Featured Research

from universities, journals, and other organizations

Toxic Bile Damages The Liver

Date:
October 27, 2008
Source:
University Hospital Heidelberg
Summary:
Researchers have discovered a new genetic disease that can lead to severe liver damage. Because a protective component of the bile is missing, the liver cells are exposed to the toxic components of the bile, resulting in cirrhosis of liver. This could explain some of the cases of liver cirrhosis of unknown origin and open up a new approach for treatment.

Researchers at the Heidelberg University Hospital have discovered a new genetic disease that can lead to severe liver damage. Because a protective component of the bile is missing, the liver cells are exposed to the toxic components of the bile, resulting in cirrhosis of liver, a transformation of liver cells into connective tissue with a gradual loss of liver function.

This could explain some of the cases of liver cirrhosis of unknown origin and open up a new approach for treatment.

Some of the known frequent causes of cirrhosis of the liver are liver inflammation due to a virus, alcohol abuse, autoimmune disease, and metabolic defects. But in some 15 to 20 percent of patients, the cause is unknown and the appropriate treatment cannot be initiated.

Defective transporter protein makes the bile toxic

The Heidelberg University Hospital team, including Dr. Daniel Gotthardt and Dr. Peter Sauer of the Gastroenterology Department and Dr. Heiko Runz and Professor Dr. Johannes Zschocke of the Institute of Human Genetics, discovered that a mutation of the ABCB4 gene can cause inadequate secretion of bile in the liver, giving rise to cirrhosis. The illness can begin in childhood or at an adult age and lead to death.

The gene ensures the production of a transporter protein that is responsible for the excretion of phosphatidylcholine into bile. Phosphatidylcholine protects the liver from toxic substances in the bile; a low concentration can thus lead to liver damage.

It was already known that another mutation in the ABCB4 gene can cause severe liver disease in babies. The disease occurs only if the gene is inherited from both father and mother. Women who carry the mutated ABCB4 gene but are not themselves affected have a clearly increased risk of suffering from pronounced jaundice during pregnancy. Genetic counseling and close supervision during pregnancy should be considered.


Story Source:

The above story is based on materials provided by University Hospital Heidelberg. Note: Materials may be edited for content and length.


Journal Reference:

  1. Gotthardt et al. A mutation in the canalicular phospholipid transporter gene, ABCB4, is associated with cholestasis, ductopenia, and cirrhosis in adults. Hepatology, 2008; 48 (4): 1157 DOI: 10.1002/hep.22485

Cite This Page:

University Hospital Heidelberg. "Toxic Bile Damages The Liver." ScienceDaily. ScienceDaily, 27 October 2008. <www.sciencedaily.com/releases/2008/10/081024103209.htm>.
University Hospital Heidelberg. (2008, October 27). Toxic Bile Damages The Liver. ScienceDaily. Retrieved August 20, 2014 from www.sciencedaily.com/releases/2008/10/081024103209.htm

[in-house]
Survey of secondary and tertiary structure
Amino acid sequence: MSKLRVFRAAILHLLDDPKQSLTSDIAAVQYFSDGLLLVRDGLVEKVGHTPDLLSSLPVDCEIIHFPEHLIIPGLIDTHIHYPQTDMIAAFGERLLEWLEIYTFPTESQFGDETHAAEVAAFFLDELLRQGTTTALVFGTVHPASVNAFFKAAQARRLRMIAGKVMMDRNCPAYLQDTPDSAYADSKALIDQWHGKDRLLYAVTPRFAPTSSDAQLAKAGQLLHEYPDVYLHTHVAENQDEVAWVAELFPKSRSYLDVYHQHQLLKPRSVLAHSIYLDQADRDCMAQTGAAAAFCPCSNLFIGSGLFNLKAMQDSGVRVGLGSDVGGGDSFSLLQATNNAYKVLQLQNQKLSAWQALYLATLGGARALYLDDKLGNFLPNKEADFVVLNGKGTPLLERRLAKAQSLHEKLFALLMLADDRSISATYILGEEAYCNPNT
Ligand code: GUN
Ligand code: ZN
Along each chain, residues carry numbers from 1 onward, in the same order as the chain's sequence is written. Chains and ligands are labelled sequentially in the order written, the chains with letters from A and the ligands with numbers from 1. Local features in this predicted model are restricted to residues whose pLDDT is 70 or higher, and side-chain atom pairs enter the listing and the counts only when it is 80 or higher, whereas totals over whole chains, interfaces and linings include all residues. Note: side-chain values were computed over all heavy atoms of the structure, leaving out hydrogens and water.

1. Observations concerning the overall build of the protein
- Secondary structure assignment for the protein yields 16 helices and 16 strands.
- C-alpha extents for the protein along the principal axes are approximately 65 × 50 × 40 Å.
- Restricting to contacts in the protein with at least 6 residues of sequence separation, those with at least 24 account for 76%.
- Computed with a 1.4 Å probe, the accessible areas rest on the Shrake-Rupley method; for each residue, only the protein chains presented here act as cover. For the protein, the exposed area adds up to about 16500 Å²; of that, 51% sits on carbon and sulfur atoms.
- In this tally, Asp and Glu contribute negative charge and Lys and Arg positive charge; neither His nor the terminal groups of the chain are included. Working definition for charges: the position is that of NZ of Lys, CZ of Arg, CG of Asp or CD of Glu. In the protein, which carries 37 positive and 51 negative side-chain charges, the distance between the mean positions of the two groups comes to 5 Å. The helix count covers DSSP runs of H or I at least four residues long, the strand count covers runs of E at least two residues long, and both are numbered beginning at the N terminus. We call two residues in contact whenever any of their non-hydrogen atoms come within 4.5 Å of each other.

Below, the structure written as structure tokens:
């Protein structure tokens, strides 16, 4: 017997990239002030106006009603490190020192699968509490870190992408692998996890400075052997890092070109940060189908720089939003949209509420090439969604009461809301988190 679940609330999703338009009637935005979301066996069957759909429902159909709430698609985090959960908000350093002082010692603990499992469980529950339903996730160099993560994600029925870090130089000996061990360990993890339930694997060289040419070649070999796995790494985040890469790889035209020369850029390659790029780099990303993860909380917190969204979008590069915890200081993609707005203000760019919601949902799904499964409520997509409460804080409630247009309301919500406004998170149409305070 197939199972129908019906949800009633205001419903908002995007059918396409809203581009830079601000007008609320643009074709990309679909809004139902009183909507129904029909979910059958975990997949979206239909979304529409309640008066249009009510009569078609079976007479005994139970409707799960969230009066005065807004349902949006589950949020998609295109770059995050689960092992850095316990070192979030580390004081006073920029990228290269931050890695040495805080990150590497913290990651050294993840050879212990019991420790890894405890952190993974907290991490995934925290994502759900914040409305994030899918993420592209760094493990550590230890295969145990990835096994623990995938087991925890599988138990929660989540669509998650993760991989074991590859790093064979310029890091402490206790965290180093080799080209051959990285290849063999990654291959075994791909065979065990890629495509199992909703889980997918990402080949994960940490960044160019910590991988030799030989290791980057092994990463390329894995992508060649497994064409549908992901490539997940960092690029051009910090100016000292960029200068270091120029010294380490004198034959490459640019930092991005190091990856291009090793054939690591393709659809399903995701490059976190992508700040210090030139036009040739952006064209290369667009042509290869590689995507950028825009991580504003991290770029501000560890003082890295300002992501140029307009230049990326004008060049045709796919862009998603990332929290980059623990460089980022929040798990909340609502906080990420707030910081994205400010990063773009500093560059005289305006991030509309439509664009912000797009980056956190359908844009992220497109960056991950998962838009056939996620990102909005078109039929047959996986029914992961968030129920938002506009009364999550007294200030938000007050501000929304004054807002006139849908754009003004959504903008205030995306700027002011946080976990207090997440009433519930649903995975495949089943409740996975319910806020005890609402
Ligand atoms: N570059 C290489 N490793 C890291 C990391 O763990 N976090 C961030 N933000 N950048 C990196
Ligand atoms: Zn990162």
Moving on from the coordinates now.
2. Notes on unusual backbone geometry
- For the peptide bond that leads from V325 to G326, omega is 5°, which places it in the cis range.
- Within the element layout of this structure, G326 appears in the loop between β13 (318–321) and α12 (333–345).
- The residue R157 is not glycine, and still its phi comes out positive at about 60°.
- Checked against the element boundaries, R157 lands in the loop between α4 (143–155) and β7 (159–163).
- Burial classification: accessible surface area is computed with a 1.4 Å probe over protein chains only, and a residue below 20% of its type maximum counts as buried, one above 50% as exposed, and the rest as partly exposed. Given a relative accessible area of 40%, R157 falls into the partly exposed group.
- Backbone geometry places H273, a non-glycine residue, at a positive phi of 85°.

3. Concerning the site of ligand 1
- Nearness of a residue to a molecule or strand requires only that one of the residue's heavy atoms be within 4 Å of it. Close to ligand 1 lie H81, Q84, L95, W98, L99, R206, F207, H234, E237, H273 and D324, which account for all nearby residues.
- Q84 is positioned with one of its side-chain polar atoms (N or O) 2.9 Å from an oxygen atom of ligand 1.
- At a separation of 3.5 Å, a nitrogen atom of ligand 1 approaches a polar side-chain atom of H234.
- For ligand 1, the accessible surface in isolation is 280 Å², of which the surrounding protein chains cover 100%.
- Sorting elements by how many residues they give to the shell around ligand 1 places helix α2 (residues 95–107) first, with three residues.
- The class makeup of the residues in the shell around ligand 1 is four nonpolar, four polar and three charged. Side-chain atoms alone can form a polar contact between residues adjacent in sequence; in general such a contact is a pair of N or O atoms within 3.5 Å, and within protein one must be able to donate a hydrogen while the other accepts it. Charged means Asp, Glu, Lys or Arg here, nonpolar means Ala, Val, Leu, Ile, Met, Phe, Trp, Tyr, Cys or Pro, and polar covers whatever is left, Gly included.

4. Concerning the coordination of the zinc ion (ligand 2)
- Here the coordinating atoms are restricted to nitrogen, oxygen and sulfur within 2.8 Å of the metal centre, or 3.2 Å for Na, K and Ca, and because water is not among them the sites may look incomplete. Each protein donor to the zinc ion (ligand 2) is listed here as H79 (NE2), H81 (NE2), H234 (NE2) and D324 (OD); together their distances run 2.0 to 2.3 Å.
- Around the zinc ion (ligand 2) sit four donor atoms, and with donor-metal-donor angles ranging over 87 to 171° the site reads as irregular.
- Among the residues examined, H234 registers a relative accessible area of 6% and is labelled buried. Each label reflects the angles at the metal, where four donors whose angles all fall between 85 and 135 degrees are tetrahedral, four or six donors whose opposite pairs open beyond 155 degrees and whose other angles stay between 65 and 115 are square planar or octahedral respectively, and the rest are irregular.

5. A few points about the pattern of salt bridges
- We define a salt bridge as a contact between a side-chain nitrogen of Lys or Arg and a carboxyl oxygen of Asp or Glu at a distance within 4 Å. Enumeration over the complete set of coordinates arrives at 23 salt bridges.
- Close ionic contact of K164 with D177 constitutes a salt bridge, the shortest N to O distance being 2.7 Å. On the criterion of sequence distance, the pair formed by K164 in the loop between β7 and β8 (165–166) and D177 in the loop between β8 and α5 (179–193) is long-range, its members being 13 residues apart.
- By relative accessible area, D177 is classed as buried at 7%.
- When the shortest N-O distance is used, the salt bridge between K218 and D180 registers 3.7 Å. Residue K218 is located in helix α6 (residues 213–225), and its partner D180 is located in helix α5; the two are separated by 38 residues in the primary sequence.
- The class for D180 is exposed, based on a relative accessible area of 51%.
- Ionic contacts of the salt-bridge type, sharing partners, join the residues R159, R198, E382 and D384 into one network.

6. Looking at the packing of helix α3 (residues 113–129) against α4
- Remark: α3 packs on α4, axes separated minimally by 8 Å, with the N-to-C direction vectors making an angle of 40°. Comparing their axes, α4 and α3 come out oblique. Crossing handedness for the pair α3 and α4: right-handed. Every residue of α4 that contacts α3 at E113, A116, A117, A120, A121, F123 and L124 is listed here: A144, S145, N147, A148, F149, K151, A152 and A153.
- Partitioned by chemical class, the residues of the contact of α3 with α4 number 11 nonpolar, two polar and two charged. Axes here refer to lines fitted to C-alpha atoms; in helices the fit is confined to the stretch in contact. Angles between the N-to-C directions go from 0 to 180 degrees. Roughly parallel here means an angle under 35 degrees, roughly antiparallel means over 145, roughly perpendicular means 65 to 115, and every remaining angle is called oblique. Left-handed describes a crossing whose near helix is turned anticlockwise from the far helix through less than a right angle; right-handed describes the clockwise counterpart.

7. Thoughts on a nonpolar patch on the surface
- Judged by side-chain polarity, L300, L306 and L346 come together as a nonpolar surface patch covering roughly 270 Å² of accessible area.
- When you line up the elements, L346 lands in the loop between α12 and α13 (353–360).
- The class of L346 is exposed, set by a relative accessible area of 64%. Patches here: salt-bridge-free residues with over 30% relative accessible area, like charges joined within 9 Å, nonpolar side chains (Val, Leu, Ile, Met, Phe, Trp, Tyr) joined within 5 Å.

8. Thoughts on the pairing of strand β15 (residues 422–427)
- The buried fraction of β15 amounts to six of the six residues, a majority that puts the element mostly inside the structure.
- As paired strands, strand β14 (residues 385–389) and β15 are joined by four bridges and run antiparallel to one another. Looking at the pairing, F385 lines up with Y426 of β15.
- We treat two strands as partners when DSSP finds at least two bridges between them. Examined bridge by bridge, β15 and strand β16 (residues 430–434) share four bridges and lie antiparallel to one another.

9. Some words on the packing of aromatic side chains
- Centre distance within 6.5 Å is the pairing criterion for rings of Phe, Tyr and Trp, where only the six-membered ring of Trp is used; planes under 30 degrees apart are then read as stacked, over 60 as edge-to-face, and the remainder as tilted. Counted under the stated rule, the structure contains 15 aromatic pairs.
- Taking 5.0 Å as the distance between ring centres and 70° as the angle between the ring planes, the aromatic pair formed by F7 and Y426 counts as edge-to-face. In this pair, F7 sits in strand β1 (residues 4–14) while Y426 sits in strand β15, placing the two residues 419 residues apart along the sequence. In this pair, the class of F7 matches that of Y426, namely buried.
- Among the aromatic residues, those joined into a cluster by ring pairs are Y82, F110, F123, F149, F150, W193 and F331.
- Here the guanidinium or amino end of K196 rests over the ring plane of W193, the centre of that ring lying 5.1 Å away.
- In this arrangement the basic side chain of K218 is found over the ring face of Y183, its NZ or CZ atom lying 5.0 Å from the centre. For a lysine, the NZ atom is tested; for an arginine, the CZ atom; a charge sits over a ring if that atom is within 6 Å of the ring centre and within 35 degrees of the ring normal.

University Hospital Heidelberg. "Toxic Bile Damages The Liver." ScienceDaily. www.sciencedaily.com/releases/2008/10/081024103209.htm (accessed August 20, 2014).

Share This




More Health & Medicine News

Wednesday, August 20, 2014

Featured Research

from universities, journals, and other organizations


Featured Videos

from AP, Reuters, AFP, and other news services

Possible Ebola Patient in Isolation at California Hospital

Possible Ebola Patient in Isolation at California Hospital

Reuters - US Online Video (Aug. 20, 2014) — A patient who may have been exposed to the Ebola virus is in isolation at the Kaiser Permanente South Sacramento Medical Center. Linda So reports. Video provided by Reuters
Powered by NewsLook.com
Raw: World's Oldest Man Lives in Japan

Raw: World's Oldest Man Lives in Japan

AP (Aug. 20, 2014) — A 111-year-old Japanese was certified as the world's oldest man by Guinness World Records on Wednesday. Sakari Momoi, a native of Fukushima in northern Japan, was given a certificate at a hospital in Tokyo. (Aug. 20) Video provided by AP
Powered by NewsLook.com
Do More Wedding Guests Make A Happier Marriage?

Do More Wedding Guests Make A Happier Marriage?

Newsy (Aug. 20, 2014) — A new study found couples who had at least 150 guests at their weddings were more likely to report being happy in their marriages. Video provided by Newsy
Powered by NewsLook.com
Ebola-Hit Sierra Leone's Freetown a City on Edge

Ebola-Hit Sierra Leone's Freetown a City on Edge

AFP (Aug. 19, 2014) — Residents of Sierra Leone's capital voice their fears as the Ebola virus sweeps through west Africa. Duration: 00:56 Video provided by AFP
Powered by NewsLook.com

Search ScienceDaily

Number of stories in archives: 140,361

Find with keyword(s):
 
Enter a keyword or phrase to search ScienceDaily for related topics and research stories.

Save/Print:
Share:  

Breaking News:
from the past week

In Other News

... from NewsDaily.com

Science News

Health News

Environment News

Technology News



Save/Print:
Share:  

Free Subscriptions


Get the latest science news with ScienceDaily's free email newsletters, updated daily and weekly. Or view hourly updated newsfeeds in your RSS reader:

Get Social & Mobile


Keep up to date with the latest news from ScienceDaily via social networks and mobile apps:

Have Feedback?


Tell us what you think of ScienceDaily -- we welcome both positive and negative comments. Have any problems using the site? Questions?
Mobile iPhone Android Web
Follow Facebook Twitter Google+
Subscribe RSS Feeds Email Newsletters
Latest Headlines Health & Medicine Mind & Brain Space & Time Matter & Energy Computers & Math Plants & Animals Earth & Climate Fossils & Ruins